Skip to Accessibility Tools Skip to Content Skip to Footer
Christmas tree with an evil looking shadow

Surviving the Holidays with Endometriosis

Christmas is a wonderful time, but at the same time, it can be a stressful and energy-sapping time. December is usually filled with Christmas parties: The office Christmas party, the friends Christmas party, spending Christmas itself with family, sometimes even two different sets of families across two different days if you’re in a relationship. It can be exhausting for the most able-bodied out there, but for people with chronic illness, it can be a nightmare.

It doesn’t have to be, though. Christmas can still be a very enjoyable time, it just requires more planning and a healthy respect for setting boundaries.

Pace yourself

If you don’t want to miss out on the parties, but you find your energy levels lacking, and your pain levels rising, pop into a party for an hour if that is all you can manage. Skip the alcohol (which can cause a flare-up of pain) and be open with people as to why you want to leave early. I know there is always that pressure not to be a party-pooper, and to join in on the fun, but you can still have fun for an hour and without alcohol. After all, you don’t want one party to be your undoing. If you pace yourself with the parties, you’ll be able to attend more parties rather than spending all your energy on the one.

Get enough rest

If you are spending a few days with family, it’s easy to stay up late with everyone else. Especially if you haven’t seen your family in a while, the alcohol is flowing, and the stories are just too good to miss out on. Try to get enough rest though, even if that means having a midday nap. You may have to miss out on some of the fun, but a flare up of pain is not worth that one night you stayed up too late.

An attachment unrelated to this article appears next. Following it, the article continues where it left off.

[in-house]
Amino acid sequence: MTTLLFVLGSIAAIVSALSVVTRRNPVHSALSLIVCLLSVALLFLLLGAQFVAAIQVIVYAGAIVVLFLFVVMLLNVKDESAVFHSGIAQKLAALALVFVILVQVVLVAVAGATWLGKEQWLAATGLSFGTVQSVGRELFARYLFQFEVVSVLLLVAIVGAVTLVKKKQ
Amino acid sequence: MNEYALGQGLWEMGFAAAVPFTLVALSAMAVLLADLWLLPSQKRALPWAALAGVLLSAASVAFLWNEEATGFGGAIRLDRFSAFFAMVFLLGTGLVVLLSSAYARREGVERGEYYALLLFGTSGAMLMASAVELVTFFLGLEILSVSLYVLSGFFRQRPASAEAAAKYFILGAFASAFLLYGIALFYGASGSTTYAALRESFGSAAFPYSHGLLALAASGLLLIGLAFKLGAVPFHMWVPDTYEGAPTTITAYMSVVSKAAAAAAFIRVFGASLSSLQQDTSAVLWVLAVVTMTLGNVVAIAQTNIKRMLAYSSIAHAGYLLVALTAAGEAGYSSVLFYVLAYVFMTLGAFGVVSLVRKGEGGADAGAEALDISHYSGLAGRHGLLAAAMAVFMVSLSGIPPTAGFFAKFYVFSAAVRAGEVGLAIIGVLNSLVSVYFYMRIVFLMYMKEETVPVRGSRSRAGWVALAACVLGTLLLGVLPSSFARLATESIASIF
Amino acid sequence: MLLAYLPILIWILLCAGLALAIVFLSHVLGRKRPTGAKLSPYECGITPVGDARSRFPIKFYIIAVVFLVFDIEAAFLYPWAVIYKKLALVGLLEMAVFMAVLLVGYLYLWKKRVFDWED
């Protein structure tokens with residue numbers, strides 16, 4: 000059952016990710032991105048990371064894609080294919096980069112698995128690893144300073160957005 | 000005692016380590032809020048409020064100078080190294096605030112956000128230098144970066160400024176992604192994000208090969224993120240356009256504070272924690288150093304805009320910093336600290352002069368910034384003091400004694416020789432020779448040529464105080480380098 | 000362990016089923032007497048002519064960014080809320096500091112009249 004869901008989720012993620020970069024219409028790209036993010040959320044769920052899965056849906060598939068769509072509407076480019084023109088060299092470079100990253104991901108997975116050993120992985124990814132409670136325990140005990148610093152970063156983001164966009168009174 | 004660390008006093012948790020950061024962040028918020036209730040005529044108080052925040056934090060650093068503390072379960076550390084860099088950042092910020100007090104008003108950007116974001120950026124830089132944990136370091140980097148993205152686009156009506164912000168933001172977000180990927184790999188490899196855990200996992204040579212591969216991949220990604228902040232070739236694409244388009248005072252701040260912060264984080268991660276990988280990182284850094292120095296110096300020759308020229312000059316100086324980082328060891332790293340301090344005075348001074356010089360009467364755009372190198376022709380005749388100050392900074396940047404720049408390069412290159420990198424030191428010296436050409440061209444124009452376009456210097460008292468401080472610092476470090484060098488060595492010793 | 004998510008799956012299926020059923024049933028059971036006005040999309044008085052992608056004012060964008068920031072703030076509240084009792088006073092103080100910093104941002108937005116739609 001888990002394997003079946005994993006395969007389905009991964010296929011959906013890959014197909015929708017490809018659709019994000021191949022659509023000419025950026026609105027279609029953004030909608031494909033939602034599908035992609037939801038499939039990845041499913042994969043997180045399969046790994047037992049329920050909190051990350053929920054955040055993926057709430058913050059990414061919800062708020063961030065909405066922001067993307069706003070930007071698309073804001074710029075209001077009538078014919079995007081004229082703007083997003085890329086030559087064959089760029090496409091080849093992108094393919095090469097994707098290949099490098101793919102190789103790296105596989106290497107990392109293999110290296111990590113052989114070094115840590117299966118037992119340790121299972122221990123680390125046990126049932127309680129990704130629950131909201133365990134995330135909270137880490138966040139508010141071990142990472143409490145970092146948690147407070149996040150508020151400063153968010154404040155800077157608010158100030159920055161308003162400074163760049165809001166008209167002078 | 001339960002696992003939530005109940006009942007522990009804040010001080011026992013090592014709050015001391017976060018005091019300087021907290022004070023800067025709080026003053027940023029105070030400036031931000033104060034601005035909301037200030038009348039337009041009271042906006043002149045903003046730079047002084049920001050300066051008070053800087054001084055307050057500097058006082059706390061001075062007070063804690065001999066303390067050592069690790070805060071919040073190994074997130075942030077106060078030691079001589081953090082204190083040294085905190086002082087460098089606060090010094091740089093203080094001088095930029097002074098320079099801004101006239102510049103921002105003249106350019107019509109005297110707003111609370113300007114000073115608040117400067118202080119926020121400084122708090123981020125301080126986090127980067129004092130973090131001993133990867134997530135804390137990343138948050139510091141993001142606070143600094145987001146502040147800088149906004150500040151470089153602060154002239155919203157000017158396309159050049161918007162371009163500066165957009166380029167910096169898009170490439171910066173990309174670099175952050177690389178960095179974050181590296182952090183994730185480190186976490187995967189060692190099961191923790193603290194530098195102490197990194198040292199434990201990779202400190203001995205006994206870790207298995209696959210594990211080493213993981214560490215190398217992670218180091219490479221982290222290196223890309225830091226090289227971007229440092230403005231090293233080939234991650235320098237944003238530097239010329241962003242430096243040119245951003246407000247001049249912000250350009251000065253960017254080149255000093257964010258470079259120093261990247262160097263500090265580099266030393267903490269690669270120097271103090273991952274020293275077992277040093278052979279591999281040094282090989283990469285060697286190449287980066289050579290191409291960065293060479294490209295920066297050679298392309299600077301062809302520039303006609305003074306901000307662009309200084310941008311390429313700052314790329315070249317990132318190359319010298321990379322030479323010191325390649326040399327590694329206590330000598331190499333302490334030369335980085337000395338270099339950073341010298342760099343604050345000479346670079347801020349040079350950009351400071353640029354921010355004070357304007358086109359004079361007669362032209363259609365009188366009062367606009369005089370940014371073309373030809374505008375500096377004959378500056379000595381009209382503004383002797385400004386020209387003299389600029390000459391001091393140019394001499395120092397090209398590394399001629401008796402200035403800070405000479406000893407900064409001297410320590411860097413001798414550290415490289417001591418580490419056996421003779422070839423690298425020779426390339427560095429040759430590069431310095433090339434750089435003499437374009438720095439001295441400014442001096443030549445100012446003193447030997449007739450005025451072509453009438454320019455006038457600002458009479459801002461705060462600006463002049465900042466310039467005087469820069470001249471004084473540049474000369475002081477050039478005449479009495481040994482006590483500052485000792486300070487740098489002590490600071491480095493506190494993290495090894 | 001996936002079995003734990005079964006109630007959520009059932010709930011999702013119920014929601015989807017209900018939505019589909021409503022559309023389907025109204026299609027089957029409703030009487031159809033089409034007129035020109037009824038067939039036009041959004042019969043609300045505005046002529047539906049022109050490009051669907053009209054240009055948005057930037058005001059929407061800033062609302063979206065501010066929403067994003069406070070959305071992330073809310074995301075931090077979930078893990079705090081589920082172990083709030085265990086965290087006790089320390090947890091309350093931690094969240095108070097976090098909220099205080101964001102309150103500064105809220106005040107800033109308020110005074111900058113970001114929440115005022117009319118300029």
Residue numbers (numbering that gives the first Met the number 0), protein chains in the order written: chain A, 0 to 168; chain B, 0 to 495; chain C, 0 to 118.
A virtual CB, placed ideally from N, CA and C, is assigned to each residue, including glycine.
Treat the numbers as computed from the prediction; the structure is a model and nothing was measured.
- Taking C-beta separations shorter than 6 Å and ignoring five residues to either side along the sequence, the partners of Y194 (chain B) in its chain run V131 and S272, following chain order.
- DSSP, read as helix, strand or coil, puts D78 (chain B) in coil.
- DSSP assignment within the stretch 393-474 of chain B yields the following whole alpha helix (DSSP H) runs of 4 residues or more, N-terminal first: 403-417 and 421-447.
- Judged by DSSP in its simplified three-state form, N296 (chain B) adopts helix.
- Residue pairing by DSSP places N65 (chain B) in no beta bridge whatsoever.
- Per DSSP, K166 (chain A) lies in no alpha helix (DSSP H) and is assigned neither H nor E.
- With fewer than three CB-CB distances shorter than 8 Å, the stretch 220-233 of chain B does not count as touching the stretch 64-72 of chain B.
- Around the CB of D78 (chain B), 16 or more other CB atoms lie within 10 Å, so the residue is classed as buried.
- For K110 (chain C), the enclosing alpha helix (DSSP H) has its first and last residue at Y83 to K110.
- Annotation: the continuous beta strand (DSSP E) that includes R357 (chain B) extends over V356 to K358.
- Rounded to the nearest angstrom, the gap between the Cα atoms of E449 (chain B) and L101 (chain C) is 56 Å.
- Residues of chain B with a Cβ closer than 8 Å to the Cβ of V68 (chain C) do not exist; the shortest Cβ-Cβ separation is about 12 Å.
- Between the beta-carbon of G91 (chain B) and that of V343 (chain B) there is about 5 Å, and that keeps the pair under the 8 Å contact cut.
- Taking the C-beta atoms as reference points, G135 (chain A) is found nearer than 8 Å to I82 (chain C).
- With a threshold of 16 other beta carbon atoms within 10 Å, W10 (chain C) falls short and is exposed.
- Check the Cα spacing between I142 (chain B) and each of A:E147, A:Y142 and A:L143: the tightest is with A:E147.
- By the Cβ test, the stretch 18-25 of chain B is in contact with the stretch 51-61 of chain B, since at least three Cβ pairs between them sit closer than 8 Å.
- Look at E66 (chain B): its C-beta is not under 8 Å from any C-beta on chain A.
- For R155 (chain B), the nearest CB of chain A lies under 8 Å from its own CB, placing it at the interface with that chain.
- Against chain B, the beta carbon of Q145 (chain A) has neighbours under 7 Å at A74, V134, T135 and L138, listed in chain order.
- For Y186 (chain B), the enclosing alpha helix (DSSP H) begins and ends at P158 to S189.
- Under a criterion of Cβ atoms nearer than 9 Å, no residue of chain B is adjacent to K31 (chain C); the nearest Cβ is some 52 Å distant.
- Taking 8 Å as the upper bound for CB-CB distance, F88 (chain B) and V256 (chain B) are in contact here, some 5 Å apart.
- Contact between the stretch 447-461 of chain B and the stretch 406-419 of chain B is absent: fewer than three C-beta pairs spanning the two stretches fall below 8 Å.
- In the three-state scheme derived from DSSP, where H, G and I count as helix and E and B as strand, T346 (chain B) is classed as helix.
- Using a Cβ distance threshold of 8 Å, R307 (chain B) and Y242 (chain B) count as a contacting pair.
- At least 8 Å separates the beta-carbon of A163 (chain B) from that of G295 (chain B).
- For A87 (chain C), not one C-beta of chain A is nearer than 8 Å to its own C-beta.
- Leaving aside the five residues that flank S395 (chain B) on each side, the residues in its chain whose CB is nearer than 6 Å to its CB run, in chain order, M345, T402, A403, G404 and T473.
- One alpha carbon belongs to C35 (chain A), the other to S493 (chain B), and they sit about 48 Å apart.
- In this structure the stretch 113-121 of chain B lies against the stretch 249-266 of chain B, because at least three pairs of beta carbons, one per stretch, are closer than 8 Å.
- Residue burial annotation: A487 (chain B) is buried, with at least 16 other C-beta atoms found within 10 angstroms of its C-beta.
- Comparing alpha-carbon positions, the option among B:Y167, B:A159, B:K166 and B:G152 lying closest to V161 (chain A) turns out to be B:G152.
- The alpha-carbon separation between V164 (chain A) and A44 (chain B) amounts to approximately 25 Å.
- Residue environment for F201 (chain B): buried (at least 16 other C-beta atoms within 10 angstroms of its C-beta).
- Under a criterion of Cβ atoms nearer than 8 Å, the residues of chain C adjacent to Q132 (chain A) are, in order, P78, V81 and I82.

Bring your pain medication

Sometimes, pain medication can make you drowsy and unable to drink alcohol. I know I’ve forgone pain medication in the past because I’ve wanted to really be present in the moment. But pain medication is necessary, and sometimes, it’s better to be a bit drowsy than to lay awake all night because the pain is too much. There is no shame in needing help with getting on top of the pain, especially when you’re already exhausted from being involved in a lot of social situations.

Communicate and set boundaries

If your family is like mine and doesn’t really “get” chronic pain, be sure to communicate your needs to them – and the reasons why you need a nap/can’t drink alcohol/can’t stay up late, etc. Set your boundaries and stick to them. Self-care is important at the best of times, and even more so when you have to be socially very active. There is no shame in taking a step back and making sure you recharge and feel better. Only you know how much rest you need; don’t allow others to bully you into joining in when you need a rest.

This article represents the opinions, thoughts, and experiences of the author; none of this content has been paid for by any advertiser. The Endometriosis.net team does not recommend or endorse any products or treatments discussed herein. Learn more about how we maintain editorial integrity here.

Comments

Poll